Law enforcement officials are often plagued with the perception that they fail to treat suspects as “innocent until proven guilty.” But the hard truth is that the majority of people they come into contact with on a given day have in fact committed a crime. In some cases, even people whom police don’t believe to be criminals are actually guilty of some offense.
One such example happened back on January 26 in Cook County. Around 7am, Illinois State troopers found a 44-year old Chicago woman wandering near the entrance ramp of the Stevenson Expressway near Harlem Avenue in Lyons. Since the woman, who said she was walking home from a Berwyn bar, was freezing and appeared to be intoxicated, the troopers took her to a hospital for treatment.
But what she didn’t tell the troopers was that she had actually crashed a sport utility vehicle carrying two female passengers about four hours earlier. According to reports, the woman was driving the SUV south on Harlem around 3am, but the SUV missed the southbound entrance ramp to the expressway, jumped a curb, drove through a barrier, and plummeted about fifty feet onto Canal Bank Road below. The passengers, a 37-year old Berwyn woman and a 36-year old Bolingbrook woman, died in the auto accident. Nobody witnessed the crash, and no 911 call was placed.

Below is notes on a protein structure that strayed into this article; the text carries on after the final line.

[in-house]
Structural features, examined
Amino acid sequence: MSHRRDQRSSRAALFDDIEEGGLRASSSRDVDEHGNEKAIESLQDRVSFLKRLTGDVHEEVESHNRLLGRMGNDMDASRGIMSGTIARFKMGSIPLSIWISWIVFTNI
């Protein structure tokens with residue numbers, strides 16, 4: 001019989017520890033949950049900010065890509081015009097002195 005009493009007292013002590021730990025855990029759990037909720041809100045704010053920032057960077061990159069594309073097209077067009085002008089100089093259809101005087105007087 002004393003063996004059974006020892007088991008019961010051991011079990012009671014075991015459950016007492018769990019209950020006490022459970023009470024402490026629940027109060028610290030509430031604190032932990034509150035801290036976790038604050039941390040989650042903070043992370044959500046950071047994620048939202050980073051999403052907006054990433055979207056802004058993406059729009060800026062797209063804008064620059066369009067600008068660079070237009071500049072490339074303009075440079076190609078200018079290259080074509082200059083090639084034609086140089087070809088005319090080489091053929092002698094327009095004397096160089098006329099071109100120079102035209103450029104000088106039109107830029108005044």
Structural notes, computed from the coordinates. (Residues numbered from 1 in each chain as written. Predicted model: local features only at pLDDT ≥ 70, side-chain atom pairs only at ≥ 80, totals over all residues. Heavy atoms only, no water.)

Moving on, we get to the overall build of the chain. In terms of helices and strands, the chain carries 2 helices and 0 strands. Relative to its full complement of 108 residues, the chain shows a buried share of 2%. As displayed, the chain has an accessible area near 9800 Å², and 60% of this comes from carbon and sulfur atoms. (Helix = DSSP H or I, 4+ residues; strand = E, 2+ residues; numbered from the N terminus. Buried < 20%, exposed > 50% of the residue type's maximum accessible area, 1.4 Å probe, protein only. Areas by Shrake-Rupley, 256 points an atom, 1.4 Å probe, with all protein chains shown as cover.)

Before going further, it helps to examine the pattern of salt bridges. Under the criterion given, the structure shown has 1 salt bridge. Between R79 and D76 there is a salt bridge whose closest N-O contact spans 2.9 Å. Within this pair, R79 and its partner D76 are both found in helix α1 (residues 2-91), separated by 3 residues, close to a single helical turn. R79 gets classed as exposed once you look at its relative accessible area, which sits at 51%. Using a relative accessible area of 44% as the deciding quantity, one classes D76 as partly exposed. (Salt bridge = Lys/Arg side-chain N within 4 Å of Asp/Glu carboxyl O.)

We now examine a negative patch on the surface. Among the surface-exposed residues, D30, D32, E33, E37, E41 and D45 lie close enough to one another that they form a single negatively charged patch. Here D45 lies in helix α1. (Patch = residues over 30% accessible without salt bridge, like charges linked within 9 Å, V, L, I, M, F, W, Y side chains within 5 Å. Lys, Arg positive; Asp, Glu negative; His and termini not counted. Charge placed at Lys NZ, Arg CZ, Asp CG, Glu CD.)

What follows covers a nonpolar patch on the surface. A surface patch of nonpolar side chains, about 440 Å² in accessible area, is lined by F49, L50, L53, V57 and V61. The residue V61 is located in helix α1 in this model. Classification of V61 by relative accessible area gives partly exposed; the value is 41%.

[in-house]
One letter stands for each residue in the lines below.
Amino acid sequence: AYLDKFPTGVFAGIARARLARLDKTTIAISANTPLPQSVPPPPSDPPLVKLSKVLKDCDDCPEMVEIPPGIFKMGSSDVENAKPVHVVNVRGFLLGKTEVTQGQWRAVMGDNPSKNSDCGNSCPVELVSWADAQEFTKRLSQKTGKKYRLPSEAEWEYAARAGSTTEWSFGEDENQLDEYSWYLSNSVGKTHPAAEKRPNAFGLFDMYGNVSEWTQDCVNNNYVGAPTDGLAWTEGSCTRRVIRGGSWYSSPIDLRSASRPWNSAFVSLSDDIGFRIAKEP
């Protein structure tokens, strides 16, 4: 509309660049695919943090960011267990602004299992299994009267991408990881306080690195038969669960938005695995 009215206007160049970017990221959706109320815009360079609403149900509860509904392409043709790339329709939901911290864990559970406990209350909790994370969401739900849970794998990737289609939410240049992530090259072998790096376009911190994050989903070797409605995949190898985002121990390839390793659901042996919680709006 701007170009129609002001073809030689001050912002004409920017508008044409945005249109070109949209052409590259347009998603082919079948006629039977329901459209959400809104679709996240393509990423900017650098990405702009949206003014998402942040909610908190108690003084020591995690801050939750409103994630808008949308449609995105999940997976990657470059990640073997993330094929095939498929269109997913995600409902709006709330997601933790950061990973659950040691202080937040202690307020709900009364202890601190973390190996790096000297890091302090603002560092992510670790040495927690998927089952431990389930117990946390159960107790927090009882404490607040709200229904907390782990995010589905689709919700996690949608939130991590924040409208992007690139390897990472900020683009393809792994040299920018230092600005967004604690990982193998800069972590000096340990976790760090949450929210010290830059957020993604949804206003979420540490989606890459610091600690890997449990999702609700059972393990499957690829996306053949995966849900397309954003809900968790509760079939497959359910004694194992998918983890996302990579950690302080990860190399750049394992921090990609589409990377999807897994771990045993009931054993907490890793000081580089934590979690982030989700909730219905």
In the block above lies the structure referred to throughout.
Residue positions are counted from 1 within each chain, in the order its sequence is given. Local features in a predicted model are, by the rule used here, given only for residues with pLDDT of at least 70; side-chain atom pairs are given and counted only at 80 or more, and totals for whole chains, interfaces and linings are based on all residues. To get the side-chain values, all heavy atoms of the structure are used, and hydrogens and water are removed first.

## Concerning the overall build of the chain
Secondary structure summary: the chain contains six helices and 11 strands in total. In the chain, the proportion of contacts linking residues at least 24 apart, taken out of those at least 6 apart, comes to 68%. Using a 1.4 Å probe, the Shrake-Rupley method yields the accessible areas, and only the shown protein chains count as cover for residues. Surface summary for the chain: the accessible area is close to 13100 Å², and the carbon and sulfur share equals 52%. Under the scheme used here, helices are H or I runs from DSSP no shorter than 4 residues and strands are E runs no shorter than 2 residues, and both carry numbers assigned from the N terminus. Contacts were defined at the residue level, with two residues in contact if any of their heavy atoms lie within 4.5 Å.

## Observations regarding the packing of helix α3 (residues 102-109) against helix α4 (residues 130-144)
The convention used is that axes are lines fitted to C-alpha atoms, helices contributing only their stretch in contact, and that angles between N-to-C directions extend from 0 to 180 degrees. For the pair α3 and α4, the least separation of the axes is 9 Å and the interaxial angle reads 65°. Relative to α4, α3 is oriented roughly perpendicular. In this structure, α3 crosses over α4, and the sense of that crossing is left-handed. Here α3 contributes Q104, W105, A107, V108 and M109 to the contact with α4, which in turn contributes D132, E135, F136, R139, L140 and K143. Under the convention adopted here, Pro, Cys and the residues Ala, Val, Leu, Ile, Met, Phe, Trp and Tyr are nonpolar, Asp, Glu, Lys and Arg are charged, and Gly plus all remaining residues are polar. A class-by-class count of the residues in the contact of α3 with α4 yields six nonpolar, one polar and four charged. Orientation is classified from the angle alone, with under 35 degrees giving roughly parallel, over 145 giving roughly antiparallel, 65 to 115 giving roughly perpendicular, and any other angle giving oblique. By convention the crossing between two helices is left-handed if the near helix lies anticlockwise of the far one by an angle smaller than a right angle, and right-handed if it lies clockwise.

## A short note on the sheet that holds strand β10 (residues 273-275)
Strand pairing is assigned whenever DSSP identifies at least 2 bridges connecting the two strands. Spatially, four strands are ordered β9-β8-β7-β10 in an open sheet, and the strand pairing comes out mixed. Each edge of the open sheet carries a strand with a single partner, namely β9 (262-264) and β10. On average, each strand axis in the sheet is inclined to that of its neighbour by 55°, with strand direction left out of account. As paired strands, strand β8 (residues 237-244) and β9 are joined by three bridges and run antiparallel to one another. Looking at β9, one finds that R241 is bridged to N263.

After authorities deduced that the 44-year old woman was involved, she was charged this week with aggravated driving under the influence, failure to report an accident resulting in death, and several other offenses. If she is indeed found to have been driving the SUV, the families of the deceased victims could file wrongful death lawsuits against the Chicago woman in order to collect reimbursement for burial expenses, damages for pain and suffering and loss of care or companionship, and estimated future wages the women might have earned had the auto accident never occurred.